Was this helpful? If you appreciate the work that I do, you can support my ability to do more of it with a one-time tip or by becoming a member. (Members get special deals on fat-positive stuff, a monthly e-mail keeping them up to date on the work their membership supports, and the ability to ask me questions that I answer in a members-only monthly Q&A Video!)

Like this blog?  Here’s more stuff you might like:

Wellness for All Bodies ProgramA simple, step-by-step, super efficient guide to setting and reaching your health goals from a weight-neutral perspective.  This program can be used by individuals, or by groups, including as a workplace wellness program!

Price: $25.00 ($10 for DancesWithFat members – register on the member page)
Click here for all the details and to register!

Body Love Obstacle Course

This e-course that includes coaching videos, a study guide, and an ebook with the tools you need to create a rock-solid relationship with your body. Our relationships with our bodies don’t happen in a vacuum, so just learning to see our beauty isn’t going to cut it. The world throws obstacles in our way – obstacles that aren’t our fault, but become our problem. Over the course of this program, Ragen Chastain, Jeanette DePatie, and six incredible guest coaches will teach you practical, realistic, proven strategies to go above, around, and through the obstacles that the world puts in front of you when it comes to living an amazing life in the body you have now.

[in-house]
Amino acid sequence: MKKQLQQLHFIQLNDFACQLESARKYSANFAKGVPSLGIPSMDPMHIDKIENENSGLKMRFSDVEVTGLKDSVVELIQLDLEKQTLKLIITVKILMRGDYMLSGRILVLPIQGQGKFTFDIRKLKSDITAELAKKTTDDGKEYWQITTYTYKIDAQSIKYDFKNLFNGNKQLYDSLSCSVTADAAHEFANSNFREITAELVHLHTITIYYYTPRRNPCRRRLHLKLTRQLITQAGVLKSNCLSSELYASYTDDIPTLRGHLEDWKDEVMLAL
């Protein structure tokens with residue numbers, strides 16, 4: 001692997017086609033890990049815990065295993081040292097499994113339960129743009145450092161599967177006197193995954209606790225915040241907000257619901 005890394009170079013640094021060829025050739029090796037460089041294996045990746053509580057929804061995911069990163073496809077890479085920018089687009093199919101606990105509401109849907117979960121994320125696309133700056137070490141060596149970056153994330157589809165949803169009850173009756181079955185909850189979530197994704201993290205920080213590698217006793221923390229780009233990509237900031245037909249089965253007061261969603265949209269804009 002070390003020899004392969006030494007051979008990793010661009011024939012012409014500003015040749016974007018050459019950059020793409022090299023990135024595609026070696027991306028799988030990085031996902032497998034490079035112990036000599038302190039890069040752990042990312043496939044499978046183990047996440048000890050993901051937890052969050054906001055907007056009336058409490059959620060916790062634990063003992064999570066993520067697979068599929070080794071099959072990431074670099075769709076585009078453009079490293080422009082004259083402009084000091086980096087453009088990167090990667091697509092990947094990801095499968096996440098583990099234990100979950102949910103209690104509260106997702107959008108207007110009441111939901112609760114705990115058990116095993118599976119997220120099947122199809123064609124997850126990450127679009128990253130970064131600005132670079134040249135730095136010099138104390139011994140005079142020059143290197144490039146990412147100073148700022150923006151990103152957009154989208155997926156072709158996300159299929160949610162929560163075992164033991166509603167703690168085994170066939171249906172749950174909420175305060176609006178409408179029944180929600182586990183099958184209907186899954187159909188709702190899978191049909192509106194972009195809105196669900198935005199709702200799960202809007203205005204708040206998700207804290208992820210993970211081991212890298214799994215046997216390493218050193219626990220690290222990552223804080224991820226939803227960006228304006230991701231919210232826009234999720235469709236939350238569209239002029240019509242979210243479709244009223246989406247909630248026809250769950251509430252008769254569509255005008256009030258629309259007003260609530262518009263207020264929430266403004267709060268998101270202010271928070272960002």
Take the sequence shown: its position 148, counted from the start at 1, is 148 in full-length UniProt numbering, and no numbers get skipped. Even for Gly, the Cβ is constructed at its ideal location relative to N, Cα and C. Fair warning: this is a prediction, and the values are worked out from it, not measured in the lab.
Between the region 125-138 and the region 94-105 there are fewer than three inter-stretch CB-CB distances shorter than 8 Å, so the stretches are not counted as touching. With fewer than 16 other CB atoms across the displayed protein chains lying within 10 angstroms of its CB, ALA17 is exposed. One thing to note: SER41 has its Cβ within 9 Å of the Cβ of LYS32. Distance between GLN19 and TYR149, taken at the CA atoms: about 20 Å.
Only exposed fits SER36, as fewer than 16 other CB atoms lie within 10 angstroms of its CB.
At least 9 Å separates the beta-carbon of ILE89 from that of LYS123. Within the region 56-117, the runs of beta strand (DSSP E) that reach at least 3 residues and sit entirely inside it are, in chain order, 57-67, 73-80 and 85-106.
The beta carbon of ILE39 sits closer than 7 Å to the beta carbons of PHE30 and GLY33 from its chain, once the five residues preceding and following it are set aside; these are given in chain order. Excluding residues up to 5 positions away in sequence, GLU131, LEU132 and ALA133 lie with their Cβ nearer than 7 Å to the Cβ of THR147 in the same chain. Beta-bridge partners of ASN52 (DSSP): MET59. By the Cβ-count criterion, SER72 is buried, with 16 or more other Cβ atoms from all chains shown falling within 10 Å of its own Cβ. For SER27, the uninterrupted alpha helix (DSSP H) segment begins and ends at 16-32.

Price: $99.00 Click here to register
($79.00 for DancesWithFat members – register on the member page)

Love It! 234 Inspirations And Activities to Help You Love Your Body
This is filled with thoughtful advice from the authors Jeanette DePatie, Ragen Chastain, and Pia Sciavo-Campo as well as dozens of other notable names from the body love movement, the book is lovingly illustrated with diverse drawings from size-positive artist Toni Tails.
Price: $9.99 softcover, $7.99 Kindle, ($6.95 + free shipping for DancesWithFat Members)

Book Me!  I’d love to speak to your organization. You can get more information here or just e-mail me at ragen at danceswithfat dot org!

I’m (still!) training for an Iron-distance triathlon! You can follow my journey at www.IronFat.com .

If you are uncomfortable with my offering things for sale on this site, you are invited to check out this post.



via Dances With Fat https://ift.tt/2U8THxB

Thursday, 19 March 2020

Back On The Treadmill

Got back on the treadmill today. (Actual for-exercise home treadmill, not a job.) I started this a while ago, but the last 2 weeks my schedule has been a bit off.